Graduate student Kevin Beiler has found that all trees in dry interior Douglas-fir (Pseudotsuga menziesii var. glauca) forests are interconnected, with the largest, oldest trees serving as hubs, much like the hub of a spoked wheel, where younger trees establish within the mycorrhizal network of the old trees.
Through careful experimentation, recent graduate Francois Teste determined that survival of these establishing trees was greatly enhanced when they were linked into the network of the old trees. Through the use of stable isotope tracers, he and Amanda Schoonmaker, a recent undergraduate student in Forestry, found that increased survival was associated with below ground transfer of carbon, nitrogen and water from the old trees.
From This American Life Episode 441: “Why would a company rent an office in a tiny town in East Texas, put a nameplate on the door, and leave it completely empty for a year? The answer involves a controversial billionaire physicist in Seattle, a 40 pound cookbook, and a war waging right now, all across the software and tech industries.”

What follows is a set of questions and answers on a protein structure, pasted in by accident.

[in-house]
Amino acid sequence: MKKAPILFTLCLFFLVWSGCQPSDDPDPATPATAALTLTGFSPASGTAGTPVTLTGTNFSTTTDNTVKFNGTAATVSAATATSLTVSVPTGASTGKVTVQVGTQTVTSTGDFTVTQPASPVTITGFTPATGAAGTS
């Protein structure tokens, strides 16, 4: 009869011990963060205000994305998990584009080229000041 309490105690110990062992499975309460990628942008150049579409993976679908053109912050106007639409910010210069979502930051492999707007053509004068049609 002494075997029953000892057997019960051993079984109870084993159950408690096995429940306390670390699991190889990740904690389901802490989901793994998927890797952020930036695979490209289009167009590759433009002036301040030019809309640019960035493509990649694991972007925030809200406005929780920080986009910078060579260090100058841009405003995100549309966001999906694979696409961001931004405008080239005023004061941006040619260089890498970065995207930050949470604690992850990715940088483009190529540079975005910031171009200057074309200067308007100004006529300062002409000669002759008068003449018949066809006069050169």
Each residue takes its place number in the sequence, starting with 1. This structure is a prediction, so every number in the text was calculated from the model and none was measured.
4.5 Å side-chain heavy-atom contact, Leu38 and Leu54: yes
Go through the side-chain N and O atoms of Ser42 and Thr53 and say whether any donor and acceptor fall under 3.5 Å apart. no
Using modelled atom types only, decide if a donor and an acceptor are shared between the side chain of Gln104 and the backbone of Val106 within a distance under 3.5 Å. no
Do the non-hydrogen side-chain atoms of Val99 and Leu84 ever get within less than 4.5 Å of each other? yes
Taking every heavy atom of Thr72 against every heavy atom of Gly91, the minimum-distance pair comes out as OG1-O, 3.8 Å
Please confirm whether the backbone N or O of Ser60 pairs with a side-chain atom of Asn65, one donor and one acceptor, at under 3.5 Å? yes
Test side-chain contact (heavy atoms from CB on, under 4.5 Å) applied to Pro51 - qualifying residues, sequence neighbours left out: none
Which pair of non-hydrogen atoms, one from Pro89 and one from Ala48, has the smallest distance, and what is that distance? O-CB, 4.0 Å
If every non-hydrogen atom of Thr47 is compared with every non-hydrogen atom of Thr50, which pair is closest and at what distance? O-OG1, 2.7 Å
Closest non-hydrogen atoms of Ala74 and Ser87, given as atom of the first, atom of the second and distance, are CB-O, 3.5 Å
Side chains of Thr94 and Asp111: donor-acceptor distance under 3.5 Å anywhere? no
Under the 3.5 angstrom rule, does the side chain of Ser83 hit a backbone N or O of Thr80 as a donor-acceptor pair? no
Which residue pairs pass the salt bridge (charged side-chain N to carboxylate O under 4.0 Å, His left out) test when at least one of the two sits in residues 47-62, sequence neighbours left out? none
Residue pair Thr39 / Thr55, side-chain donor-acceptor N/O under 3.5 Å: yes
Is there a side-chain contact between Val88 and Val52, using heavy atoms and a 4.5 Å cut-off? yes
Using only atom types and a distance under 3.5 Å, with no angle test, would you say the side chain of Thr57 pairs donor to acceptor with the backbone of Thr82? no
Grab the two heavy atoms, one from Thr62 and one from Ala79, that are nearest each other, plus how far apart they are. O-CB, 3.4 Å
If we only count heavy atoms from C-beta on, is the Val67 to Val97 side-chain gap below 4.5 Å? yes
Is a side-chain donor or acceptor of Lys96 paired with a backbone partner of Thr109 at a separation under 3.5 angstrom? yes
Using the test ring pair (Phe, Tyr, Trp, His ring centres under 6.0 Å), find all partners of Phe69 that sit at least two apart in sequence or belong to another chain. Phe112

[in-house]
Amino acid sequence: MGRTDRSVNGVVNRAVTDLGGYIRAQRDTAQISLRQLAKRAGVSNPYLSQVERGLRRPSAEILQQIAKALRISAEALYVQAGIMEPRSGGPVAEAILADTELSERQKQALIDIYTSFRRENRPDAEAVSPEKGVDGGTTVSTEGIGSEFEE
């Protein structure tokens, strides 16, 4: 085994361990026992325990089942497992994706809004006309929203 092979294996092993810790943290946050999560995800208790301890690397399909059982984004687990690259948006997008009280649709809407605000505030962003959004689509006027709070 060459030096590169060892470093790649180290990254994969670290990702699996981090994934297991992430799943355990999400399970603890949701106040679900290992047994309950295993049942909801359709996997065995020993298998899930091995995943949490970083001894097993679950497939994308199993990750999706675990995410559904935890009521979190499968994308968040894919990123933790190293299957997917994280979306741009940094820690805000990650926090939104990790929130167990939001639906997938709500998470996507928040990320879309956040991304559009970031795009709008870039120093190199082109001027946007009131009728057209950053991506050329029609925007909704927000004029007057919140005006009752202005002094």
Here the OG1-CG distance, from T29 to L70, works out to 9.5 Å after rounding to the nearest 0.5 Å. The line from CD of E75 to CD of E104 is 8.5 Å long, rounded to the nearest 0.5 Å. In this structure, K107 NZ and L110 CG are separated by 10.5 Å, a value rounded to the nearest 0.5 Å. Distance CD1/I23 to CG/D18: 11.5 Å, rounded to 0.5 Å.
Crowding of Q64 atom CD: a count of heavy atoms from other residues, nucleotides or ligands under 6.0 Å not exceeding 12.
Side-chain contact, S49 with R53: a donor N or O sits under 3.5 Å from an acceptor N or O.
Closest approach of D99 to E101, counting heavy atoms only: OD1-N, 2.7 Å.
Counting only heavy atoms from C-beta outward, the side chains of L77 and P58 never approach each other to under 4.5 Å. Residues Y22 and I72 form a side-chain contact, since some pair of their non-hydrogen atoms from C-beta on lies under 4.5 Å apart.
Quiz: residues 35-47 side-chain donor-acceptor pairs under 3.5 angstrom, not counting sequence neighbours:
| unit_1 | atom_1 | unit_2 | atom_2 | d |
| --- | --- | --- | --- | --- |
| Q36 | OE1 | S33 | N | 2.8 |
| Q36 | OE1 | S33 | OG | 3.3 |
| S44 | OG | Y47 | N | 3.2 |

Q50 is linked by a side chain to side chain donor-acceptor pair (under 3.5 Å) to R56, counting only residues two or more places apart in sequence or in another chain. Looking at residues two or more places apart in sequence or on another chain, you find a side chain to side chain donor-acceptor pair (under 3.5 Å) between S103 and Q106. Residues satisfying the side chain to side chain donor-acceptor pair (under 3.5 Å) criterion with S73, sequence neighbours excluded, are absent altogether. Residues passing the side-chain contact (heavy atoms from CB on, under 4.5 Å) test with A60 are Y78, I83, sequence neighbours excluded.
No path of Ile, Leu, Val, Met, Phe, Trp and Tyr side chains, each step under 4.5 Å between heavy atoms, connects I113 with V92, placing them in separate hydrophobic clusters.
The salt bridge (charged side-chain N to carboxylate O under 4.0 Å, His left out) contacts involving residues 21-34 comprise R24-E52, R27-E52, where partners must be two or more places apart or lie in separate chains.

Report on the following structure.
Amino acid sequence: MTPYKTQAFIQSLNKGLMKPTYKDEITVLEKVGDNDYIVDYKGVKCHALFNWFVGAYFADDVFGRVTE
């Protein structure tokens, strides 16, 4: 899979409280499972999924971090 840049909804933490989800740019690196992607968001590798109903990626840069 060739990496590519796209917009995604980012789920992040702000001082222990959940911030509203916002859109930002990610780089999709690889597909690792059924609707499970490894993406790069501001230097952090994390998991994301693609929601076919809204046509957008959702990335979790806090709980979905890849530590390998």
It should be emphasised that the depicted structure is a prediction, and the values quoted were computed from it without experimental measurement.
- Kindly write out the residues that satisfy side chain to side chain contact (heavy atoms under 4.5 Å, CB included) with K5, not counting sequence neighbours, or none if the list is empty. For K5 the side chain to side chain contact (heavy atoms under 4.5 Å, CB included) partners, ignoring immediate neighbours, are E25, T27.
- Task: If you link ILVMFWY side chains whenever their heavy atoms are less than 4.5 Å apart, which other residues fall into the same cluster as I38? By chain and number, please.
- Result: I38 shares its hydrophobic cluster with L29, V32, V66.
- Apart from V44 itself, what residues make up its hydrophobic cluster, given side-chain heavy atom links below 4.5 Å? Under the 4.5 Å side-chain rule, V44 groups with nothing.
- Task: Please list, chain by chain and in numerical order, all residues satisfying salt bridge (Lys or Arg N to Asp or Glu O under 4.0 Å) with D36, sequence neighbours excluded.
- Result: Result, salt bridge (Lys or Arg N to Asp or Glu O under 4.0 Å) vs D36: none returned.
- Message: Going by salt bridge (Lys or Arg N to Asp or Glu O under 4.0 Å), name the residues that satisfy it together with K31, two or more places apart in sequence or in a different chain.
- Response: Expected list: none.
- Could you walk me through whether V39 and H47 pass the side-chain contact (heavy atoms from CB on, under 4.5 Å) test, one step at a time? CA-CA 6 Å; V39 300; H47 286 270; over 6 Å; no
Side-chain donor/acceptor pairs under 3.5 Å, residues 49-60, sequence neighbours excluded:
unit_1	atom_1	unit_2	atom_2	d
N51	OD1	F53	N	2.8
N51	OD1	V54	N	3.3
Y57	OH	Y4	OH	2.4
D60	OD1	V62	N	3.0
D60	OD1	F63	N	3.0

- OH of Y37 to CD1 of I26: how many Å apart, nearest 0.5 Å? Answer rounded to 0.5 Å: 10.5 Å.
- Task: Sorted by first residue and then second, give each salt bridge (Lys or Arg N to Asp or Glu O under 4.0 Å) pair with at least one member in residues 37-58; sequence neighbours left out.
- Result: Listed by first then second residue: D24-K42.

Climate scientist Heidi Cullen on extreme heat: “That’s always been sort of the sinister aspect of heat, which is from a television standpoint, what kind of imagery do you show to really make people understand that this is an incredibly deadly situation. It’s a really tough kind of thing to convey with visual images. So you just, you see images like water fountains spraying water and people at the beach, but those are not necessarily the things that our brain thinks of as dangerous. But it really, really is.”
Entolomologist Mark Moffett on male ants: “They have two functions. To have sex and die. And apparently that’s satisfactory for them. They don’t participate in the social life.” [complete interview and slideshow of ants here]